The Airborne Visible-Infrared Imaging Spectrometer (AVIRIS) measures the total upwelling spectral radiance from 400 to 2500 nm sampled at 10 nm intervals. The instrument acquires spectral data at an altitude of 20 km above sea level, as images of 11 by up to 100 km at 17x17 meter spatial sampling. We have developed a nonlinear spectral fitting algorithm coupled with a radiative transfer code to derive the total path water vapor from the spectrum, measured for each spatial element in an AVIRIS image. The algorithm compensates for variation in the surface spectral reflectance and atmospheric aerosols. It uses water vapor absorption bands centered at 940 nm, 1040 nm, and 1380 nm. We analyze data sets with water vapor abundances ranging from 1 to 40 perceptible millimeters. In one data set, the total path water vapor varies from 7 to 21 mm over a distance of less than 10 km. We have analyzed a time series of five images acquired at 12 minute intervals; these show spatially heterogeneous changes of advocated water vapor of 25 percent over 1 hour. The algorithm determines water vapor for images with a range of ground covers, including bare rock and soil, sparse to dense vegetation, snow and ice, open water, and clouds. The precision of the water vapor determination approaches one percent. However, the precision is sensitive to the absolute abundance and the absorption strength of the atmospheric water vapor band analyzed. We have evaluated the accuracy of the algorithm by comparing several surface-based determinations of water vapor at the time of the AVIRIS data acquisition. The agreement between the AVIRIS measured water vapor and the in situ surface radiometer and surface interferometer measured water vapor is 5 to 10 percent.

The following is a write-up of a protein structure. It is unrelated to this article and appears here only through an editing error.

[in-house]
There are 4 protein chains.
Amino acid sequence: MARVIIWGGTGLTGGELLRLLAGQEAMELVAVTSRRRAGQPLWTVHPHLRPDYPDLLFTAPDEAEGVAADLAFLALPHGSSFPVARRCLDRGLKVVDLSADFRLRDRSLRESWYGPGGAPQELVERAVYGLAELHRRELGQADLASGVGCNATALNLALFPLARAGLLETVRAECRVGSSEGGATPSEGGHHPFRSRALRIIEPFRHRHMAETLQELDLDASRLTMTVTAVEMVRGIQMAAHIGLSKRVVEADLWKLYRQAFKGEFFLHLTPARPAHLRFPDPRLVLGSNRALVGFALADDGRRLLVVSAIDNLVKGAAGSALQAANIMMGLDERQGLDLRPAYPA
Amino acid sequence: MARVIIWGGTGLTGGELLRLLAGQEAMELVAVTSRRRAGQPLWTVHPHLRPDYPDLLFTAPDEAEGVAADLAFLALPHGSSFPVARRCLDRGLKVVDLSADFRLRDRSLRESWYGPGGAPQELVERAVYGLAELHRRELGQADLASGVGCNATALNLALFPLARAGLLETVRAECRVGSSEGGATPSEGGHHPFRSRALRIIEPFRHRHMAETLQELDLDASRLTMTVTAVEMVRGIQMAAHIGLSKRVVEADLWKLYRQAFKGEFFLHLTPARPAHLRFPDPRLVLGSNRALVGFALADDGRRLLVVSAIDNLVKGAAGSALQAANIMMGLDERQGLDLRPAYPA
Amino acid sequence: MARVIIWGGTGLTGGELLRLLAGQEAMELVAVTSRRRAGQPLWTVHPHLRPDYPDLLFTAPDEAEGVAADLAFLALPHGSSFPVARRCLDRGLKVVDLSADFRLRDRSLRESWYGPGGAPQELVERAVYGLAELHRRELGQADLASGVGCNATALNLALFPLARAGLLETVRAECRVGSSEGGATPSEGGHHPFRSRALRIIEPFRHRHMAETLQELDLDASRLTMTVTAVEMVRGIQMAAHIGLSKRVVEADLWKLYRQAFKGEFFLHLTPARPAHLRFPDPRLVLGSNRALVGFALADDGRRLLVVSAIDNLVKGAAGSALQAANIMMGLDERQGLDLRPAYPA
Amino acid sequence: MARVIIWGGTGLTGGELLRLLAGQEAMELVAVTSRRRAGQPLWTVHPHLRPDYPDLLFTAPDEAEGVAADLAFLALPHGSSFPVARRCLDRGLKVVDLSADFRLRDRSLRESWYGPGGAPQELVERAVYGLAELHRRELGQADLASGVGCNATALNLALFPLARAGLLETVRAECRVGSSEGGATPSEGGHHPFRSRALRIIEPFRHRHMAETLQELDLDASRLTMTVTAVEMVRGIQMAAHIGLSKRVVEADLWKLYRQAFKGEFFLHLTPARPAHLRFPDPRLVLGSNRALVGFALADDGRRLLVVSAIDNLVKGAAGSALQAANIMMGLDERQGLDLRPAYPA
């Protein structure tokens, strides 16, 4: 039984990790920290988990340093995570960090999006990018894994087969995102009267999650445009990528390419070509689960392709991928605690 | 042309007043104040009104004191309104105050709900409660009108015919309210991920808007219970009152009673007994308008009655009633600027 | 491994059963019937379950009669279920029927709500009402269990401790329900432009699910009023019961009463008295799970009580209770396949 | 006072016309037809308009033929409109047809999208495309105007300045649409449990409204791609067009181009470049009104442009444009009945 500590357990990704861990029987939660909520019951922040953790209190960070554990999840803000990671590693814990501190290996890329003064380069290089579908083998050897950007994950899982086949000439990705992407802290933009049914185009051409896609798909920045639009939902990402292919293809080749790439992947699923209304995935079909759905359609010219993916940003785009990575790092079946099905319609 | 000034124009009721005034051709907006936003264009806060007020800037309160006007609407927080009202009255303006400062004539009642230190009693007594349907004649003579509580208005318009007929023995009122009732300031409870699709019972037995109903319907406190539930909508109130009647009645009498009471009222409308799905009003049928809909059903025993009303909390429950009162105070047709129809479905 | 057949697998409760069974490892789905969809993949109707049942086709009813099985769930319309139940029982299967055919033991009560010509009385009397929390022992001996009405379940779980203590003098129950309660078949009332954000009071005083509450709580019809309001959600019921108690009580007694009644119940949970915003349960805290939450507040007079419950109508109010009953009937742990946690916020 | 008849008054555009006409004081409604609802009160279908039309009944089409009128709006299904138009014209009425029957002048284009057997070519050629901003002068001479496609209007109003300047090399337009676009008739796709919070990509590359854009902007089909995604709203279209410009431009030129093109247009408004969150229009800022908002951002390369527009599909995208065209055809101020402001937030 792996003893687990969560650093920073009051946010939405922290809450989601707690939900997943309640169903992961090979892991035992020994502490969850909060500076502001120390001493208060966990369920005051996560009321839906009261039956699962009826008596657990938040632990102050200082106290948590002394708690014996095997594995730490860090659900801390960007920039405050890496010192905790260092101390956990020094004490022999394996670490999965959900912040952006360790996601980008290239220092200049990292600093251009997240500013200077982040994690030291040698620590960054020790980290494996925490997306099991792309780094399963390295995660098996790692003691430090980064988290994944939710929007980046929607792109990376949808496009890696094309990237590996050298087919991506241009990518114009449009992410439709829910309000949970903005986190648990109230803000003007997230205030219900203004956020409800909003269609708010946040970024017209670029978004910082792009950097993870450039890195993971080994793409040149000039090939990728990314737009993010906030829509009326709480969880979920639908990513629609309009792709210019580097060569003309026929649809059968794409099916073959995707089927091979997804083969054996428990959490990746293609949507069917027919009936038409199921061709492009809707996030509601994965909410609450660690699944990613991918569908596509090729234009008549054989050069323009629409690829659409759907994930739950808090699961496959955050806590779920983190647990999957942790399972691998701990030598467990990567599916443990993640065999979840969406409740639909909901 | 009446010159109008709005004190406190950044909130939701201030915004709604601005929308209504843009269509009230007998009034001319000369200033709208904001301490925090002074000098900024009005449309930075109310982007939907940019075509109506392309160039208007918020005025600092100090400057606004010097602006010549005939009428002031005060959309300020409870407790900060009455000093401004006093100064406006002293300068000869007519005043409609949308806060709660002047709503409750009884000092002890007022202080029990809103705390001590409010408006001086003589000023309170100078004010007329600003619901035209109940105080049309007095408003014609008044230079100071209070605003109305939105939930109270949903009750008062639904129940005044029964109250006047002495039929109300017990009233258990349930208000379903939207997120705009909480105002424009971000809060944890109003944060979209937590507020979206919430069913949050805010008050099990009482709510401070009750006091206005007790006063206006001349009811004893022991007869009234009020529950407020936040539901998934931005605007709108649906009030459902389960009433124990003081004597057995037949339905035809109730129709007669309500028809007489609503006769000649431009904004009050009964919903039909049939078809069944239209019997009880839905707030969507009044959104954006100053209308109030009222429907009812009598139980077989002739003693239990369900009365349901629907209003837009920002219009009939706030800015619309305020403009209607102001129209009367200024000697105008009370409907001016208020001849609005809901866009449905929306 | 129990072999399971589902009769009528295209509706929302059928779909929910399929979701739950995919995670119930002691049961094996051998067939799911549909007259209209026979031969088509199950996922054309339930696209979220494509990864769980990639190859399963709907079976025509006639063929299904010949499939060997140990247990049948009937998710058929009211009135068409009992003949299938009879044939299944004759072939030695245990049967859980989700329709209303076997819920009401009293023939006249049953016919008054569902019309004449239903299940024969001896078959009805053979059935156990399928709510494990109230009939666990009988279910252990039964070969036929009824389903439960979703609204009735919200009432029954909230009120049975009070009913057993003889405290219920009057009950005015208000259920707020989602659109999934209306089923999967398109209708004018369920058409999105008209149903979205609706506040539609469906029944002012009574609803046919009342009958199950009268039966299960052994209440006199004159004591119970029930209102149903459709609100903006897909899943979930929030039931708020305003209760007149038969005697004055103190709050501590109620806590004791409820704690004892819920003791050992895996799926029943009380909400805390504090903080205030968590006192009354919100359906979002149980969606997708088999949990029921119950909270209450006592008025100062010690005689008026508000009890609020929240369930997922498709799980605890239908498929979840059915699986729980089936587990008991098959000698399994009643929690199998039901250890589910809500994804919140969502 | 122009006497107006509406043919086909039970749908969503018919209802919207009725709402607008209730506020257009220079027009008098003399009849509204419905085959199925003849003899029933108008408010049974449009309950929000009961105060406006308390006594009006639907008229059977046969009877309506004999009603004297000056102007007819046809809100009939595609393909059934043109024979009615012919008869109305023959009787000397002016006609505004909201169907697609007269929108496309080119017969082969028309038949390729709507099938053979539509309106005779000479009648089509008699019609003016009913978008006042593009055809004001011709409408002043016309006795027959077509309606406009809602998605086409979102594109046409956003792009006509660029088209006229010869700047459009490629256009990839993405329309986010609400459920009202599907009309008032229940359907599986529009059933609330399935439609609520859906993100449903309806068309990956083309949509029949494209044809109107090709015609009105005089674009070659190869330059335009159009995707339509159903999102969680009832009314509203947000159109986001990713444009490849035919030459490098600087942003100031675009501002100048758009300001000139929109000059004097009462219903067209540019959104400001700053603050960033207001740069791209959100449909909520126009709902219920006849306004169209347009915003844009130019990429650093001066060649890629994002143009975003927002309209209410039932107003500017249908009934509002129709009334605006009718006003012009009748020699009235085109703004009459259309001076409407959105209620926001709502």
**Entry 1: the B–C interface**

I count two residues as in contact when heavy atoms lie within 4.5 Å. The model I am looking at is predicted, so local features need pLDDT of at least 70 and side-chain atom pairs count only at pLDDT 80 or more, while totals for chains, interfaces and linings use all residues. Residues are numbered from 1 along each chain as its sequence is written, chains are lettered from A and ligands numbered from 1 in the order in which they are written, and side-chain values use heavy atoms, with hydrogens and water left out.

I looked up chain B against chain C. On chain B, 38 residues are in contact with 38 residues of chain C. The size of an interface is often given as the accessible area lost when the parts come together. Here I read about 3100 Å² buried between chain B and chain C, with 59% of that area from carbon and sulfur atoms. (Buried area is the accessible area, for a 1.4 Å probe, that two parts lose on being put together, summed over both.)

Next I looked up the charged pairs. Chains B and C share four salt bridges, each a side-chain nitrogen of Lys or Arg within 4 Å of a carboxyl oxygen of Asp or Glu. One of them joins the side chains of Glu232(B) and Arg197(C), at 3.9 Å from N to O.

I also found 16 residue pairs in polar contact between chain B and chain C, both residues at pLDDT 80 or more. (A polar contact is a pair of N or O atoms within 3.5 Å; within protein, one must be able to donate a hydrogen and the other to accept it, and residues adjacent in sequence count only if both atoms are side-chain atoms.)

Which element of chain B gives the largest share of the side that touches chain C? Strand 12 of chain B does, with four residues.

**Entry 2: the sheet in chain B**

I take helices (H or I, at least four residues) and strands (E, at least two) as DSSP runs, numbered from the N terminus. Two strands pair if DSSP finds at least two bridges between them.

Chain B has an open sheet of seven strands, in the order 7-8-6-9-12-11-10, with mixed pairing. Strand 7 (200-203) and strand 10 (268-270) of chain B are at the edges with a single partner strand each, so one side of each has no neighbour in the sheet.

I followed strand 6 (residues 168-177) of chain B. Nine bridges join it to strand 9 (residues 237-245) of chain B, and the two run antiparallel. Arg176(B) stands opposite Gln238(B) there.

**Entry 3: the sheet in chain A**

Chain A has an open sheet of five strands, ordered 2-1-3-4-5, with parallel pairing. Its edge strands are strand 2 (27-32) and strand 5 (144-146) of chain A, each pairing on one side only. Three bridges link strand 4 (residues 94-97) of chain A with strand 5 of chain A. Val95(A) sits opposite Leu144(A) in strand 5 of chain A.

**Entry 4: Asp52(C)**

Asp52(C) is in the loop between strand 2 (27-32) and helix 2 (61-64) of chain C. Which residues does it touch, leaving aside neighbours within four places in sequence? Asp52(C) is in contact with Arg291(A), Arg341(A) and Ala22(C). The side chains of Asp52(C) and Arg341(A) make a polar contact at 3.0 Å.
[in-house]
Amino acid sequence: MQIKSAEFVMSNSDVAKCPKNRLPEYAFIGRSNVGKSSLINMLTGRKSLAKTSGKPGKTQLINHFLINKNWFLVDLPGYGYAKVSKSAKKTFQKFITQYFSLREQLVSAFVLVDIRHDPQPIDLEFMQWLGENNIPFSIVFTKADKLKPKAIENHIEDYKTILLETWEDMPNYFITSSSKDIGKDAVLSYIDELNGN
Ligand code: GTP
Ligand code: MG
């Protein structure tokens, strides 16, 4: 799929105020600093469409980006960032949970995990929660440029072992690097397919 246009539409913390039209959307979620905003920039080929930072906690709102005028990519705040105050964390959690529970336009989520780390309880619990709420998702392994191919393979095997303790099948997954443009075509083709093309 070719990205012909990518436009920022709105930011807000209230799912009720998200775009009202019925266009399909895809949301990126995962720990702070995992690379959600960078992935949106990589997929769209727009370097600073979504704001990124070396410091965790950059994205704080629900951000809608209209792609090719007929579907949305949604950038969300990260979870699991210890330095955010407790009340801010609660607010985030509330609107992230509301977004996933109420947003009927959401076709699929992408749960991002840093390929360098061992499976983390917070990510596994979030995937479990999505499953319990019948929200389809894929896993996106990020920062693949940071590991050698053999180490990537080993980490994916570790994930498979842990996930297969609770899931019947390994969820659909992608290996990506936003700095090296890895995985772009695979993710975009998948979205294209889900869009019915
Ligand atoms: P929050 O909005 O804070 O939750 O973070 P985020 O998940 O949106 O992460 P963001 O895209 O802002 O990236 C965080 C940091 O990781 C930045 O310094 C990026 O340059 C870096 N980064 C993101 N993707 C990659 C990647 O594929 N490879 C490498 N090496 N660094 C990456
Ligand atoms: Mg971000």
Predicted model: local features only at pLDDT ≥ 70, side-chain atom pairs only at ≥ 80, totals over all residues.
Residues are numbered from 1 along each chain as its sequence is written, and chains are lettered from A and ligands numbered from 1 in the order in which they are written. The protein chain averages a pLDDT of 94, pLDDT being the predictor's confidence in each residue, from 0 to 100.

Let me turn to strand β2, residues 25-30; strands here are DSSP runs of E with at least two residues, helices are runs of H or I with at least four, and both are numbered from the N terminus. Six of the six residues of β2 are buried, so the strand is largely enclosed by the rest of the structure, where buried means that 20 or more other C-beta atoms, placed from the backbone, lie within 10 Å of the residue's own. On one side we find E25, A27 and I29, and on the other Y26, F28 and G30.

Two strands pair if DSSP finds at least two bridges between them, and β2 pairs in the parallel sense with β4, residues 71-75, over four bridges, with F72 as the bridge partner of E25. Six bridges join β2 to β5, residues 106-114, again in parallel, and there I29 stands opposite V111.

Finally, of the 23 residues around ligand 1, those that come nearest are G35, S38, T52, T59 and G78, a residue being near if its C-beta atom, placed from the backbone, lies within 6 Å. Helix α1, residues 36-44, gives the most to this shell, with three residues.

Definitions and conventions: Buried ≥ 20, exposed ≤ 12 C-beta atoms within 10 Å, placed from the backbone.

18. Daylight spectra of individual lightning flashes in the 370-690 nm region

    NASA Technical Reports Server (NTRS)

    Orville, R. E.

    1980-01-01